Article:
Kris Drever is doubtlessly one of the most appealing singers of his generation working the current folk scene. He approaches each song in such a laid-back manner, without sacrificing a scrap of intensity or subtlety. With a distinct talent for interpretation of song that manges to be both robust and sympathetic, Drever’s delivery is unassumingly stirring. He could well be the Christy Moore of his generation: he certainly brings a similarly frank gravity to the songs he tackles.
There are impressive guests abound on Mark The Hard Earth, but it is Tim O’Brien who makes a noticeable impact, with his lonesome vocal harmonies and distinctive fretwork bringing an americana charm to nestle alongside Drever’s unmistakeable Caledonian brogue. The light touch of Roy Dodds’ percussion is the album’s subtle heartbeat, whilst the assured hand of John McCusker takes the production helm.
Sandy Wright’s ubiquitous “Shining Star” swings along nicely, with a nonchalant deference, and Wright is covered again on “Wild Hurricane,” which takes a rather circumspect view of life’s troubles. The carefree pop infusion of Boo Hewerdine’s “Sweet Honey In The Rock” provides the albums lightest moment, whilst “O’ A’ The Airts” demonstrates Drever’s canny skill for bringing an unpretentious contemporary air to traditional material.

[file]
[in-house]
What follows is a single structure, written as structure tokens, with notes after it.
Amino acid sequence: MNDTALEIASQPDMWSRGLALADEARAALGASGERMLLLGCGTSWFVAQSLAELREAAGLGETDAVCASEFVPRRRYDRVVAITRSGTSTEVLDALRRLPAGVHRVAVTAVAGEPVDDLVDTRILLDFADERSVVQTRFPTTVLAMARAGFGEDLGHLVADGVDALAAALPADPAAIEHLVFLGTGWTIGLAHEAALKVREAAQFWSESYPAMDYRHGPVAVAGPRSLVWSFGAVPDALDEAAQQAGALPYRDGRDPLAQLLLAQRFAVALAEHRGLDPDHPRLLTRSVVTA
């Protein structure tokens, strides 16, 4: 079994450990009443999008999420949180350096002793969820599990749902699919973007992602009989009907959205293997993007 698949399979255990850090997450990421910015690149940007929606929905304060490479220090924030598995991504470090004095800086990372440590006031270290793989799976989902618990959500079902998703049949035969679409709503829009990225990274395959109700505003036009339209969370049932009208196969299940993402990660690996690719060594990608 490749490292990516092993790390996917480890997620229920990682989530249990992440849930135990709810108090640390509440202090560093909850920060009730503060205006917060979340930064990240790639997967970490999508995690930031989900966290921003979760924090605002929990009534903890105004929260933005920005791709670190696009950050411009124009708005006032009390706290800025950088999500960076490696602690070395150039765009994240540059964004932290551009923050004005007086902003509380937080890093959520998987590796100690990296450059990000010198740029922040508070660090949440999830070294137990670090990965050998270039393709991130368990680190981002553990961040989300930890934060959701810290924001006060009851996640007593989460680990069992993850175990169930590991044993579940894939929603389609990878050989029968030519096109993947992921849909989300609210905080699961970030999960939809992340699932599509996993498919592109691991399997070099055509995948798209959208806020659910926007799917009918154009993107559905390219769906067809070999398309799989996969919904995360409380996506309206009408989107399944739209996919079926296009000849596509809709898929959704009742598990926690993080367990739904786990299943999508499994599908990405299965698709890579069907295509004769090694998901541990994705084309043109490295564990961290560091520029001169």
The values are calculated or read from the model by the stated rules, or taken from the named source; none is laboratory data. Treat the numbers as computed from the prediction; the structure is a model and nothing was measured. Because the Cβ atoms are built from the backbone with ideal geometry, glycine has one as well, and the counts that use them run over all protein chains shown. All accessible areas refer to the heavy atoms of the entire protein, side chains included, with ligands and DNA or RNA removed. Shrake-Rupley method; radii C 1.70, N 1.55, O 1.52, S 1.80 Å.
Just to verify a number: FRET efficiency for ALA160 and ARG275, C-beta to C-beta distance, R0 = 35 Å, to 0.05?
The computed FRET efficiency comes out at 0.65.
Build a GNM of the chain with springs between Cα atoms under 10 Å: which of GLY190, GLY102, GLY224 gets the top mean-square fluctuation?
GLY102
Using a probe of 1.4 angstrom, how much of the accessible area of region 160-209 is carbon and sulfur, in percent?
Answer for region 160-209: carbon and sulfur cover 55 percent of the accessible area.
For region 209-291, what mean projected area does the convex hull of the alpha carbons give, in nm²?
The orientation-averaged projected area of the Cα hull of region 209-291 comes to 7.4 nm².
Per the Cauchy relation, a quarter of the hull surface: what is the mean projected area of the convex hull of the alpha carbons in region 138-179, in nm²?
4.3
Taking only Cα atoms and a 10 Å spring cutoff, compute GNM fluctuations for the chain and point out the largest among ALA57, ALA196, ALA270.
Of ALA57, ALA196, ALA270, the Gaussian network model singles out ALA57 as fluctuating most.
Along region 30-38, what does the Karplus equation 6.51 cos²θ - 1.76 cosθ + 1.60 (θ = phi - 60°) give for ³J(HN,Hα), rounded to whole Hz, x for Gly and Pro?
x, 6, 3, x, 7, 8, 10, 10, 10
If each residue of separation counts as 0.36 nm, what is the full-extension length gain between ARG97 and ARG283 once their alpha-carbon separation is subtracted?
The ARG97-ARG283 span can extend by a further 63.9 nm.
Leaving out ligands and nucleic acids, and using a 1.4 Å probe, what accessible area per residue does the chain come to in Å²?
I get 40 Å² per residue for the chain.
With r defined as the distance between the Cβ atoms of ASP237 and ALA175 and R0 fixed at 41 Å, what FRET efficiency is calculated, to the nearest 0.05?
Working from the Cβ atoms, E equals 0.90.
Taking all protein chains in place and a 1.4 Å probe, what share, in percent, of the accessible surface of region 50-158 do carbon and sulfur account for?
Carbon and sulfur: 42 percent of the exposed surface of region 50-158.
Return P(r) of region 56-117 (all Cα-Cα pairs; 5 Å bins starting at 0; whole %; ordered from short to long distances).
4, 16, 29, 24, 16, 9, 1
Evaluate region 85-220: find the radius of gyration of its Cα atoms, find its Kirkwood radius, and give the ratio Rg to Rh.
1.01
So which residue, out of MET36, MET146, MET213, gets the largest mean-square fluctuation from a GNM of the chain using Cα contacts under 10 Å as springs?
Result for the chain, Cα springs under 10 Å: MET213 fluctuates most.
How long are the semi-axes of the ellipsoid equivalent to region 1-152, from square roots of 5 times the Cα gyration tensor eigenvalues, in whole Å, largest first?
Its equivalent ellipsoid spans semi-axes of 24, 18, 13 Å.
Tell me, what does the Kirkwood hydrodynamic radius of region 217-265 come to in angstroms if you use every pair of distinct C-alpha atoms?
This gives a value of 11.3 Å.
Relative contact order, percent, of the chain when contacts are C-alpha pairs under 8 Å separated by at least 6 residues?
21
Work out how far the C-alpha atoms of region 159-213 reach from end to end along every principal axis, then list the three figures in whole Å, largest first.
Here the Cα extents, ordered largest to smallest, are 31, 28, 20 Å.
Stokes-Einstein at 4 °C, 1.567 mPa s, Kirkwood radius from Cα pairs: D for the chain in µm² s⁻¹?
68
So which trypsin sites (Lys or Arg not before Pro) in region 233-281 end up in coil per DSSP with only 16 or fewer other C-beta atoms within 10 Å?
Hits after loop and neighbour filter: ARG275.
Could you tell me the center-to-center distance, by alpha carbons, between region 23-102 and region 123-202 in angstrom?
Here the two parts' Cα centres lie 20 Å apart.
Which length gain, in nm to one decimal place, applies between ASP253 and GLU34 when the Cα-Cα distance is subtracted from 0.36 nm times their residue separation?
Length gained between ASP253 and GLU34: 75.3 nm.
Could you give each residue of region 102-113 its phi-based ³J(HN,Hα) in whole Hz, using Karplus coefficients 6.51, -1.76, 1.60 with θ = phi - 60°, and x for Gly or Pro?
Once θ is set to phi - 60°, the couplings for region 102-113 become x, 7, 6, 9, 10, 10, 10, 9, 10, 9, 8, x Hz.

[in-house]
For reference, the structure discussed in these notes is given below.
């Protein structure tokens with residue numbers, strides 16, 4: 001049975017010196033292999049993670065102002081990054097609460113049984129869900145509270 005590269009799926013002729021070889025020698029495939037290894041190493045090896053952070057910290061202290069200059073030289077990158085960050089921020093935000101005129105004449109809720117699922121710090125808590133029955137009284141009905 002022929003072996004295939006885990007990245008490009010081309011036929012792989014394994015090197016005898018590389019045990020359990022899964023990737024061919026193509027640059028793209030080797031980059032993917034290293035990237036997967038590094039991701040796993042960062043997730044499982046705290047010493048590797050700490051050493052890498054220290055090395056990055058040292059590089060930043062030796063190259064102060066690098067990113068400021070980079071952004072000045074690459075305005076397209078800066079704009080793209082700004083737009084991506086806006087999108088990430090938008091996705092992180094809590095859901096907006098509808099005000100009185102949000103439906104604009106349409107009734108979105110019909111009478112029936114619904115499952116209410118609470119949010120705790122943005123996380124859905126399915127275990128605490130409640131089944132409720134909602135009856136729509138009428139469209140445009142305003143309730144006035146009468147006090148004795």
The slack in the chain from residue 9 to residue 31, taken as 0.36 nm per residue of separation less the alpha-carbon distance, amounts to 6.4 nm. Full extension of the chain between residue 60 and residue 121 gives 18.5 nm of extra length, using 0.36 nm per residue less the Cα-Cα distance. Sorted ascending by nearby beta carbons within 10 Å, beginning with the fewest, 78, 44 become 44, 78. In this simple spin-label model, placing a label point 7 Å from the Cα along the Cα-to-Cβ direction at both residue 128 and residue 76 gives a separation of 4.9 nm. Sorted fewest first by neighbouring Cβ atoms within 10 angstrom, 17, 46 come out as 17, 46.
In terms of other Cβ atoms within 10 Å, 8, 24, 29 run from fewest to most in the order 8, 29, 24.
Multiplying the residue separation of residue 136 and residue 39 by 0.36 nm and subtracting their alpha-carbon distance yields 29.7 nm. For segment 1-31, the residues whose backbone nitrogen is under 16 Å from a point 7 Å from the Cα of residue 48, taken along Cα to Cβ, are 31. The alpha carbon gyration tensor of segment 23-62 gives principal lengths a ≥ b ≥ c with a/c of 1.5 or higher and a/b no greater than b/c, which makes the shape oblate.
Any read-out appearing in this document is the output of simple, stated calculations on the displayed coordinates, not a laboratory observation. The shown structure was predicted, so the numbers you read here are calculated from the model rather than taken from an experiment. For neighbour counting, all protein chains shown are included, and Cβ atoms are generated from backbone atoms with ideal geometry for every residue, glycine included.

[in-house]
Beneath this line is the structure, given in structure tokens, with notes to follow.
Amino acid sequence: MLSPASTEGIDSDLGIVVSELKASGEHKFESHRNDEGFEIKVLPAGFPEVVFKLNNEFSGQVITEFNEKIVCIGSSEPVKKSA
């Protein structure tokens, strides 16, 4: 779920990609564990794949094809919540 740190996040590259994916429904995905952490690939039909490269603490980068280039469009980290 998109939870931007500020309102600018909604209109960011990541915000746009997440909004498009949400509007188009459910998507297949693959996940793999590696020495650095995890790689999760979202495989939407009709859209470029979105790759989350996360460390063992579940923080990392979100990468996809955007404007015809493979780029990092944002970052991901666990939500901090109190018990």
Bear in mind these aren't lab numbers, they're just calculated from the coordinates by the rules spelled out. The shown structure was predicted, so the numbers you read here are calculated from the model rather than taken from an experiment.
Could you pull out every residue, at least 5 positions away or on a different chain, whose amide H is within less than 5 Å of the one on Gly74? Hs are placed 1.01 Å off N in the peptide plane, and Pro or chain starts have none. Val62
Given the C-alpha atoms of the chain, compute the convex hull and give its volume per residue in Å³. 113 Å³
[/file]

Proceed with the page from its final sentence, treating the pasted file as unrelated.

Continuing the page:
Set to the sprightly traditional tune, “Penan Den,” and performed as a duet with Heidi Talbot, “The Banks Of The Nile” receives an illuminating makeover that provides more in the way of hope than despair. Another duet, this time with Karine Polwart, is on Hamish Henderson’s resplendent “Freedom Come a’ Ye”. The Drever/Polwart partnership is an unsurprisingly well attuned affair, and when you consider the august beauty of Karine’s Fairest Floo’er album, it’s tempting to wonder of the delicious fruits that could be borne from a further exploration of this alliance.
Drever’s skill boils down to the fact that he can take songs from wide and varied sources and imbue them with a character that is recognisably his own; he achieves this in an almost genre-less manner that is likely to further assist his wide appeal. Kris Drever may well be the best friend a song could ever have.
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Review by Mike Wilson